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  Wednesday, March 29, 2017  
   
 

 
Nut Trees

 

Walking through a hardwood forest in the fall, it is hard to avoid the crunch of nuts beneath your feet. Today many of the nut trees in the forest feed wildlife. The acorns and other native nuts supply squirrels and other wildlife with food to survive the winter. At one time, when this country was in its infancy, humans also depended more on nuts as a food source.

About 75 years ago, walking in these forests you would have seen huge American chestnut trees. They provided large quantities of nuts to anyone who would pick them up. Unfortunately, these trees were almost wiped out by the Chestnut blight. Only a few American chestnut trees remain and most tend to die once they reach maturity. Other nut trees disappeared as they were harvested for their timber value or were destroyed when timber companies cleared a site. Hardwood forests were frequently clear cut and replaced by pines that would be more profitable. Chinquapins were especially vulnerable because they were often an understudy tree, small and easily overlooked in the process of land clearing.

So how do we recover some of these lost trees? Today we have a chance to adopt some of these nut trees into our yards and landscapes. The interest in edible landscaping has been responsible for an increase in “yard fruit.” In the same manner, the planting of nut bearing trees and bushes can be incorporated into your landscape plan. If you plant them in a good location, you will find that they will offer beauty in the spring and fall and food for many years to come.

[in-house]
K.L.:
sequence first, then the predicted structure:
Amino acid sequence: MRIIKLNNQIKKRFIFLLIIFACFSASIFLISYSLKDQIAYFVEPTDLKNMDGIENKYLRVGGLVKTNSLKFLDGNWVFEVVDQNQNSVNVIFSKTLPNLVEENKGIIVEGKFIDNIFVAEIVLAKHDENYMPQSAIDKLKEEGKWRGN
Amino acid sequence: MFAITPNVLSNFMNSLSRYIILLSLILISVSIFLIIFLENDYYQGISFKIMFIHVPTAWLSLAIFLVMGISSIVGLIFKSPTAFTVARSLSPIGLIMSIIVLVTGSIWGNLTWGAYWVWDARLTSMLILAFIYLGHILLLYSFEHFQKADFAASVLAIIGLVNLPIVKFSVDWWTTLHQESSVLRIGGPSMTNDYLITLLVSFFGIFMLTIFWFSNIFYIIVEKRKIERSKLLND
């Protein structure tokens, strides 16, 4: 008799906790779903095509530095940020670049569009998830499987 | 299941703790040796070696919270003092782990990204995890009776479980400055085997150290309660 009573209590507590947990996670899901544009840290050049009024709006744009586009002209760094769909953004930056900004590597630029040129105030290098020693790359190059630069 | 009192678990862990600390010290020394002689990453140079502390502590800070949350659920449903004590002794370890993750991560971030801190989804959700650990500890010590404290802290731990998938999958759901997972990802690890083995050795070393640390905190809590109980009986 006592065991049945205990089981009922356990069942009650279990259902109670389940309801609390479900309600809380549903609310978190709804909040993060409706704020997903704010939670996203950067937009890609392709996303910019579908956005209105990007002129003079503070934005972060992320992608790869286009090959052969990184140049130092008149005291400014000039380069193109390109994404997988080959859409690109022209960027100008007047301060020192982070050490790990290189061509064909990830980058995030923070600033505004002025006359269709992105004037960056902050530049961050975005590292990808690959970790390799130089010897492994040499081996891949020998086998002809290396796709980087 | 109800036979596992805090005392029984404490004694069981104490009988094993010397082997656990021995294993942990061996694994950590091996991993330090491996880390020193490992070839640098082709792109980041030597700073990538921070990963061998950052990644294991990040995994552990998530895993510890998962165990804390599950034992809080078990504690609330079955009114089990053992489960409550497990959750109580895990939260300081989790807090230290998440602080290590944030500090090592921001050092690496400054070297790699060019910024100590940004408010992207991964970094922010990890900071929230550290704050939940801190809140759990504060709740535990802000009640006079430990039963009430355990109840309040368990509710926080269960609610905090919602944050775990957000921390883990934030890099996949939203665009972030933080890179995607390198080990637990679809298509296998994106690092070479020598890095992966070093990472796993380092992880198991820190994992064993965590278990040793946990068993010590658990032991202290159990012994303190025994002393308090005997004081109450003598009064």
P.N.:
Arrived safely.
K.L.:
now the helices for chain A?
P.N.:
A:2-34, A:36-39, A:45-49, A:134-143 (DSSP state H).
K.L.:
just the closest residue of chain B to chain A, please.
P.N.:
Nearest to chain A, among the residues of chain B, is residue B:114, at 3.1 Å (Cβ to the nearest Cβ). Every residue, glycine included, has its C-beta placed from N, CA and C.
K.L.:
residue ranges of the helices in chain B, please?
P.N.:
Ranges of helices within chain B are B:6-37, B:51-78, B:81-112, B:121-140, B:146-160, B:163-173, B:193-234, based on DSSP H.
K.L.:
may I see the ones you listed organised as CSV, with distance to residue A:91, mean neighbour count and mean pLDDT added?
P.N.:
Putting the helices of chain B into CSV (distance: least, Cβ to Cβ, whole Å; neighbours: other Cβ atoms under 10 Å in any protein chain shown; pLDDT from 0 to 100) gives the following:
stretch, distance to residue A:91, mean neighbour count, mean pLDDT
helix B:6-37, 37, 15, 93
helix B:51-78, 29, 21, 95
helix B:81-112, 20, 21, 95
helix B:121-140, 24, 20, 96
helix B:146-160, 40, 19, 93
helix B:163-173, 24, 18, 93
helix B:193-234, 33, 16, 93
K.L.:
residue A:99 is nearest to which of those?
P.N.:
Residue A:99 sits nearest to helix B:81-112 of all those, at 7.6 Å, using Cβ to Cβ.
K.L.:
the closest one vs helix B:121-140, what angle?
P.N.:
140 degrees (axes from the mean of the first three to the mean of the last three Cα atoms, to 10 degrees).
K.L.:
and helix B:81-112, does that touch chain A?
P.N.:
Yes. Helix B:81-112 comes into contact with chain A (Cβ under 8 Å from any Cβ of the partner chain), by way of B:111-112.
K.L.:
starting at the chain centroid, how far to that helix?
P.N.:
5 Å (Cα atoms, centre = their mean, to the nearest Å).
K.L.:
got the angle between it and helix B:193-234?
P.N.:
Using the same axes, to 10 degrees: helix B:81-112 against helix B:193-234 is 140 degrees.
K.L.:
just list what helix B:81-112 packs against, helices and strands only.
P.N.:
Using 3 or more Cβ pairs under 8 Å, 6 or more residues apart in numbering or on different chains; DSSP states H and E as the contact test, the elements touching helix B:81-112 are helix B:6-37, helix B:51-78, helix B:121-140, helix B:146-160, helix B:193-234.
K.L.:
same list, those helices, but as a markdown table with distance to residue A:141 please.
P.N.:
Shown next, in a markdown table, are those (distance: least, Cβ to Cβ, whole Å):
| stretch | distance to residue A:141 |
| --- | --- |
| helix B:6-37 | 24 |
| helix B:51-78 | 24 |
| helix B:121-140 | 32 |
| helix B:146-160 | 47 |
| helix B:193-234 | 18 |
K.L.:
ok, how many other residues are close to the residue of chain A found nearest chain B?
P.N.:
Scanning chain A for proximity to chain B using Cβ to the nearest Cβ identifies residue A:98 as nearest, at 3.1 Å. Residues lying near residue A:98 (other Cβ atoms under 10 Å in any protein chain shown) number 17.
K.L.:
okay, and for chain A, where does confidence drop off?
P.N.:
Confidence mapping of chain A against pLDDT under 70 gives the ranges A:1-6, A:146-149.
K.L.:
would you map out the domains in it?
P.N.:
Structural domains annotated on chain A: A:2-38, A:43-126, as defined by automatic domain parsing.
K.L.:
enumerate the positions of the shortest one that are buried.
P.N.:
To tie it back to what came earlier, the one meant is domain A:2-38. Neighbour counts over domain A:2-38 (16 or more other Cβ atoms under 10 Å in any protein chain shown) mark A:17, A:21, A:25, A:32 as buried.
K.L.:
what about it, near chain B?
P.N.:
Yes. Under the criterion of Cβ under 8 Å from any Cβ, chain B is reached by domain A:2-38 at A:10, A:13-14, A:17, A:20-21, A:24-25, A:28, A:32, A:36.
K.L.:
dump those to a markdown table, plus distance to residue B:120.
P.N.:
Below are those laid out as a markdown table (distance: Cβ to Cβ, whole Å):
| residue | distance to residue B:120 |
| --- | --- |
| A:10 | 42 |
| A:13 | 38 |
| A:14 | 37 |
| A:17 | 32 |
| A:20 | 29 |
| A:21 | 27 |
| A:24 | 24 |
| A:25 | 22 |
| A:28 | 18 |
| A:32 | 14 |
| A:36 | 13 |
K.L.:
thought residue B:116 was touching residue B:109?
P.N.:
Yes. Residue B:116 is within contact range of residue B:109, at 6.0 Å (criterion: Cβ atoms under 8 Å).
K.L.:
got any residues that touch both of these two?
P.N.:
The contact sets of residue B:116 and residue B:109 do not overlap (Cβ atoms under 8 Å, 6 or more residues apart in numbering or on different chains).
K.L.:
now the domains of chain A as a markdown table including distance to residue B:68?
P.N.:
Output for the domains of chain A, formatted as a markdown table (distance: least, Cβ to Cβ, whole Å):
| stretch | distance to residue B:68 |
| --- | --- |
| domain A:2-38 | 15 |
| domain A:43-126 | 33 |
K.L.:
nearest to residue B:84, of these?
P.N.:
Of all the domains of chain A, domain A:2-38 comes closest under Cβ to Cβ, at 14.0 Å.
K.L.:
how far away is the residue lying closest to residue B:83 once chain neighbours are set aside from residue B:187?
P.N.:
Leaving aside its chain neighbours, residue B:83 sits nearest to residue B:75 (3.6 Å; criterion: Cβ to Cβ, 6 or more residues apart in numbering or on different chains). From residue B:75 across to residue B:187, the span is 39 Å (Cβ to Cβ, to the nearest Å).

There are many reasons to plant something. We plant because we want beauty or fragrance, shade, to produce a crop we can sell, or to have something we can consume. Different varieties of nut trees can offer all of these.
Sometimes people are reluctant to plant a tree because they think it will take too long to grow to maturity. It does take a long time to get nuts from some trees, not so much from others. Once you decide what kind of nut you like, you can research the variety that offers what you need. Dwarf and bush varieties will offer nuts faster than the larger trees. The good thing about planting nut trees is that they don’t need a lot of care. You can plant them and forget about them. They require very little care if you plant them in a good location with well-drained soil.

Here are some of the nut trees that have a good chance of success in our area:

Black Walnuts

You may be lucky and already have a black walnut tree on your property. Native black walnuts grow throughout Virginia. Their nuts mature in late summer or fall. They must be husked and shelled before eating and are used in cooking. Wear gloves to handle the husks as they produce a black stain that will be hard to get off your clothes or hands. If you decide to plant black walnut trees in your yard, you must be careful about the plants under its canopy. It produces a toxin which can kill some plants. Other plants and grasses are tolerant and are not affected. Also, position the tree so the falling of the nuts doesn’t create a mess and you have room for a tree that eventually can be very large. The Virginia Cooperative Extension Service recommends the following black walnut varieties for their nut quality: Sparrow, Emma K., Rupert, Hay, and Kwik Crop.

Like many other nuts, black walnuts are good for you. They are high in omega 3 fatty acids.

Chestnuts